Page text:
To run a successful law firm– whether it’s a solo practice or a large firm– you’ll need to not only excel in the areas of law you’re practicing in, but also in all matters of running the practice itself. Running a legal practice comes with its own, unique set of challenges that even the most prepared lawyer setting out to start a new practice may find themselves overwhelmed with. I’m here to help make the job of running your law office just a little easier. Welcome back to Mike’s Office Management Tips.
— Mike Campbell
Taxes have to be paid. There’s no way around that. But they can hinder your ability to create wealth and grow your law firm. With the federal tax system structured the way it is, it’s important to know how to take advantage of the opportunities to save on taxes.
You may not realize it, but taxes are likely your single largest expense. If you take a look at just how much you pay in taxes, you’ll definitely be motivated to take action to reduce that amount. There are tax incentives built into the tax code by the government, which should give you more than enough encouragement to learn about tax reduction strategies.
Common Expenses Lawyers Can Deduct
The more deductions you can claim on your taxes, the better. There are a number of common expenses law firms can deduct, including:
- Meals. If you’re not deducting clients’ meals, you should be. You can deduct 50% of the meals and expenses you accrue during meetings to network with clients. To do this, you’ll need to keep detailed notes of who the meal or outing was with, what was discussed, and receipts for occasions. In the event the IRS conducts an audit of your law firm, you’ll have the information you need.
- Home Office. Whether you now work at home because of the COVID-19 pandemic or you’ve always had a home office, you can optimize your home office deduction. This allows you to deduct a percentage of your home expenses, like mortgage interest, rent, and utilities. The biggest roadblock to qualifying for this deduction is that you must use a portion of your home exclusively and regularly for business. This means the office is a separate room or is partitioned from another area. In addition to that, the home office must be the principal location of your business and you have to regularly meet with clients there.
- Traveling. Whether you’re traveling to attend a seminar for continuing education or are traveling to a client that cannot meet you in person, your travel expenses are fully deductible. In most cases, unless you hire your spouse or child, travel costs for family members are not deductible.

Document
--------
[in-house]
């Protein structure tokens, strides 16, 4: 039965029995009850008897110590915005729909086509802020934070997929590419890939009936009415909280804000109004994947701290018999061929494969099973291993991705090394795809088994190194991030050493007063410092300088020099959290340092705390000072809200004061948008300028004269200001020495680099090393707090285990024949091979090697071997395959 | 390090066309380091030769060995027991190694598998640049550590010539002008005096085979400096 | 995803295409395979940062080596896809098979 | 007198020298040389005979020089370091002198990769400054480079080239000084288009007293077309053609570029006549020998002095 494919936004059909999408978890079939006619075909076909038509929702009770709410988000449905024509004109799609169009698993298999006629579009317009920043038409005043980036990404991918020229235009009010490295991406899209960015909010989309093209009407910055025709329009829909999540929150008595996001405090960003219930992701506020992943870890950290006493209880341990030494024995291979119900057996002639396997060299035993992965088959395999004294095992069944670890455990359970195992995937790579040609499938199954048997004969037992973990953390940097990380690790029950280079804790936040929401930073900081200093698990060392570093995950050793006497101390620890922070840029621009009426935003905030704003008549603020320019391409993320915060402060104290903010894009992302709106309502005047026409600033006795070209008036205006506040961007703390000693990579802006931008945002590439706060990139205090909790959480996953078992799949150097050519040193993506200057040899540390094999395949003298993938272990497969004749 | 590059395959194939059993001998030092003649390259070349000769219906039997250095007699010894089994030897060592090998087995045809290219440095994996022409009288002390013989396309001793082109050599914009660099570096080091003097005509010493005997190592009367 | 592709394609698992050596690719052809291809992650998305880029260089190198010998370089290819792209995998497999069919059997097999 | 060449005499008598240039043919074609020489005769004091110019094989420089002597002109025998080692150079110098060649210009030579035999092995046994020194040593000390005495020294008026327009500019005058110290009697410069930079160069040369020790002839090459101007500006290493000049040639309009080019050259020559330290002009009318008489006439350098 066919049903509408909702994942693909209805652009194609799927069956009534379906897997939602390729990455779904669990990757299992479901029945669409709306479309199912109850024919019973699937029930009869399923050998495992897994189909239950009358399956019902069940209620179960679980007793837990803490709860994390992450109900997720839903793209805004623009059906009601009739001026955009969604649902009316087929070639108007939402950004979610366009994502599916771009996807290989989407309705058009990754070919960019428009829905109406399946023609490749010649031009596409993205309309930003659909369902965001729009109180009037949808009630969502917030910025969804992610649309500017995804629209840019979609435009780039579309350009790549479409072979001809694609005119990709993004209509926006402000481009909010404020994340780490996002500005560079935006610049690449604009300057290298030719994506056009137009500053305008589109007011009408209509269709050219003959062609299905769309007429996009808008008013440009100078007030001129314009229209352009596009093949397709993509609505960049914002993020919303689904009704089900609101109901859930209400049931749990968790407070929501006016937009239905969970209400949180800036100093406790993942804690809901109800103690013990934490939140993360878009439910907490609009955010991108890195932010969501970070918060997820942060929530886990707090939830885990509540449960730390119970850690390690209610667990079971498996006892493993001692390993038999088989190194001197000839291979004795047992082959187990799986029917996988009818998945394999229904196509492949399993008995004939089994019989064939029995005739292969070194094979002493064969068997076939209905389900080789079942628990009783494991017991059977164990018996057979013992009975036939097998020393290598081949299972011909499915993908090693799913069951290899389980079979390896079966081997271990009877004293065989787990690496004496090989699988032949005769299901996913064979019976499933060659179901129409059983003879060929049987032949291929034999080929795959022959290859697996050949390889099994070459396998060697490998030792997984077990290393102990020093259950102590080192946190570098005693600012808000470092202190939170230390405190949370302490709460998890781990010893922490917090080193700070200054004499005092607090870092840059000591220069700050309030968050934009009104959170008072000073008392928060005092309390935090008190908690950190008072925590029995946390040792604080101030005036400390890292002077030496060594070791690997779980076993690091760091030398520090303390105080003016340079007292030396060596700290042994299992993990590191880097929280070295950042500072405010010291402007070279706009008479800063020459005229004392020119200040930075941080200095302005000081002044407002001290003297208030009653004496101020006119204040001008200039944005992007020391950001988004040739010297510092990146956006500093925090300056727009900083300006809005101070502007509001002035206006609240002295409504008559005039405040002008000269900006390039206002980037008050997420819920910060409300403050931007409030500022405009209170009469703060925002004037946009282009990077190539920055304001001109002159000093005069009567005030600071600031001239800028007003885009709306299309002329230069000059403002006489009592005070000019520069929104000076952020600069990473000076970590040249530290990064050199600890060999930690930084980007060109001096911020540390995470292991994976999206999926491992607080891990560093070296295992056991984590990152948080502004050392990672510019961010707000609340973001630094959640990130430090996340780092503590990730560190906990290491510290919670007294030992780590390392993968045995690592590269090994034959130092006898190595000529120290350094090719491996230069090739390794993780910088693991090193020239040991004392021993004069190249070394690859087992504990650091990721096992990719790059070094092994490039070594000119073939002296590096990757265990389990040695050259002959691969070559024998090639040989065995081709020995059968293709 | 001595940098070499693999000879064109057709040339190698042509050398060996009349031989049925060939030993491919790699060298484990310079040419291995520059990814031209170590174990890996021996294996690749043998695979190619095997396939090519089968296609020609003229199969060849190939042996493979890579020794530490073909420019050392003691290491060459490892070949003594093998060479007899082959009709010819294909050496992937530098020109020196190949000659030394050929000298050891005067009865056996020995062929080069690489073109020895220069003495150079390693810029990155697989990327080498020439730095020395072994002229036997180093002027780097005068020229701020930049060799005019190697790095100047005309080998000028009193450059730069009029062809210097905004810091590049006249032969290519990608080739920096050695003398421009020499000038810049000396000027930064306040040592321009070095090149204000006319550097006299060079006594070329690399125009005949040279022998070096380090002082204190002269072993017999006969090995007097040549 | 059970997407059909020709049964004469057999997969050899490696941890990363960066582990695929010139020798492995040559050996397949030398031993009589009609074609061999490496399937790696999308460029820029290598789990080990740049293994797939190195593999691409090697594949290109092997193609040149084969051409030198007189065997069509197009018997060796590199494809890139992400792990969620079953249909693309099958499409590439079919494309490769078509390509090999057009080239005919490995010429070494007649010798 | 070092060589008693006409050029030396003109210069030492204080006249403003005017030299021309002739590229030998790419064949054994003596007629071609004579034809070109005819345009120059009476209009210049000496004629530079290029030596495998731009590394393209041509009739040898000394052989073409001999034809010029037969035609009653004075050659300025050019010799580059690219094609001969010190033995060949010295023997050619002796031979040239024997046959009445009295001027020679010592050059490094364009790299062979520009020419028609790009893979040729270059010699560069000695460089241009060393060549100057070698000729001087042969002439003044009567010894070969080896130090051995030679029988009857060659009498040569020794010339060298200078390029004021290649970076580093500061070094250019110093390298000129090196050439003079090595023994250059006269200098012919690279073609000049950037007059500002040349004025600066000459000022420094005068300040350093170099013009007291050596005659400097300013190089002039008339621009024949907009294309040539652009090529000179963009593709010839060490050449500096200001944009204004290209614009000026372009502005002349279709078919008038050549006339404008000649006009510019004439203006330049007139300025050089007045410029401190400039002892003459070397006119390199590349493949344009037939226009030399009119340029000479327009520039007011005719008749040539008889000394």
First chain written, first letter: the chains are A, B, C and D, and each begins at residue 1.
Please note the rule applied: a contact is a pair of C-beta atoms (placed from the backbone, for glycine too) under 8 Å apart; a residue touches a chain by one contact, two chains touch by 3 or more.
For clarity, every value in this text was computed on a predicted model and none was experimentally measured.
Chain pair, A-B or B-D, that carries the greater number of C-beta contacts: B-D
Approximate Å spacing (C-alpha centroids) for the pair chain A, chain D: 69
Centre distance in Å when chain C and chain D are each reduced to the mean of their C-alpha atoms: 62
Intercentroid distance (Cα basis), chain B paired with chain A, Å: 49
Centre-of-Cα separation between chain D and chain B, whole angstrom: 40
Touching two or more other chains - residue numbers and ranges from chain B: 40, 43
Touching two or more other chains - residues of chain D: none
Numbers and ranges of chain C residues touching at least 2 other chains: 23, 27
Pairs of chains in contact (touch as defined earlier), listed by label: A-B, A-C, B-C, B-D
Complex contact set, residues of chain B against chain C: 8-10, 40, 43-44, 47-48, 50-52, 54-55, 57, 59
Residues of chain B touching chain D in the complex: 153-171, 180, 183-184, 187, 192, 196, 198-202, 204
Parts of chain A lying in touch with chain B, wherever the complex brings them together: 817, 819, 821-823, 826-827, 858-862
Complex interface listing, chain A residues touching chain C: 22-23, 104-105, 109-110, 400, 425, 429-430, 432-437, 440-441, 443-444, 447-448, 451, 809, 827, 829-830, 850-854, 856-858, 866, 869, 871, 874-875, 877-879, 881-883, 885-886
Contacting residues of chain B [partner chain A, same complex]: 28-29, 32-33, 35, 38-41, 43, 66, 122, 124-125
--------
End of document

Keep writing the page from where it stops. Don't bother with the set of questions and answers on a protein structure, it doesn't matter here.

While those are the most common deductions for attorneys, that’s not where the list stops. Other potential deductions include equipment, professional fees, continuing education, health insurance, internet service, email services, professional association dues, and more. Make sure you check with your tax professional to make the most of your deductions.
Understanding Section 179
Section 179 of the IRS tax code allows law firm owners to deduct the full purchase price of any qualifying equipment or software bought during the tax year. Items must meet three qualifications, including the property being tangible, the property having been acquired for business use, and the property having been purchased by the owner.
It’s important to note that Section 179 is made on an item-by-item basis for eligible property. This means that you do not have to elect the full depreciation on all eligible property purchased during the fiscal year.
The Importance of Having a Proactive Accountant
As attorneys, we wear many hats. From firm visionaries to chief compliance officers, we need to be on top of our game to ensure our firms’ success. Accounting and taxes are complicated and change regularly. Instead of burdening yourself with the task of managing your firm’s accounting records, look into working with a proactive accountant.
Proactive accountant firms understand how frustrating tax time can be, which is why they help attorneys identify tax-saving opportunities throughout that year that are personalized. When you outsource your accountant, you can spend more time practicing law and providing your clients with top-notch legal representation.
If you’re looking to save money on your taxes, it’s important to understand how deductions work and what your firm is eligible for. That, however, isn’t where the tax savings stops. Your accountant should be able to help you save money when it comes to retirement planning, health reimbursement arrangements, and more.
Tax laws are always subject to change. This article is not meant as legal advice for you or your business. Please consult a tax professional for tax advice.
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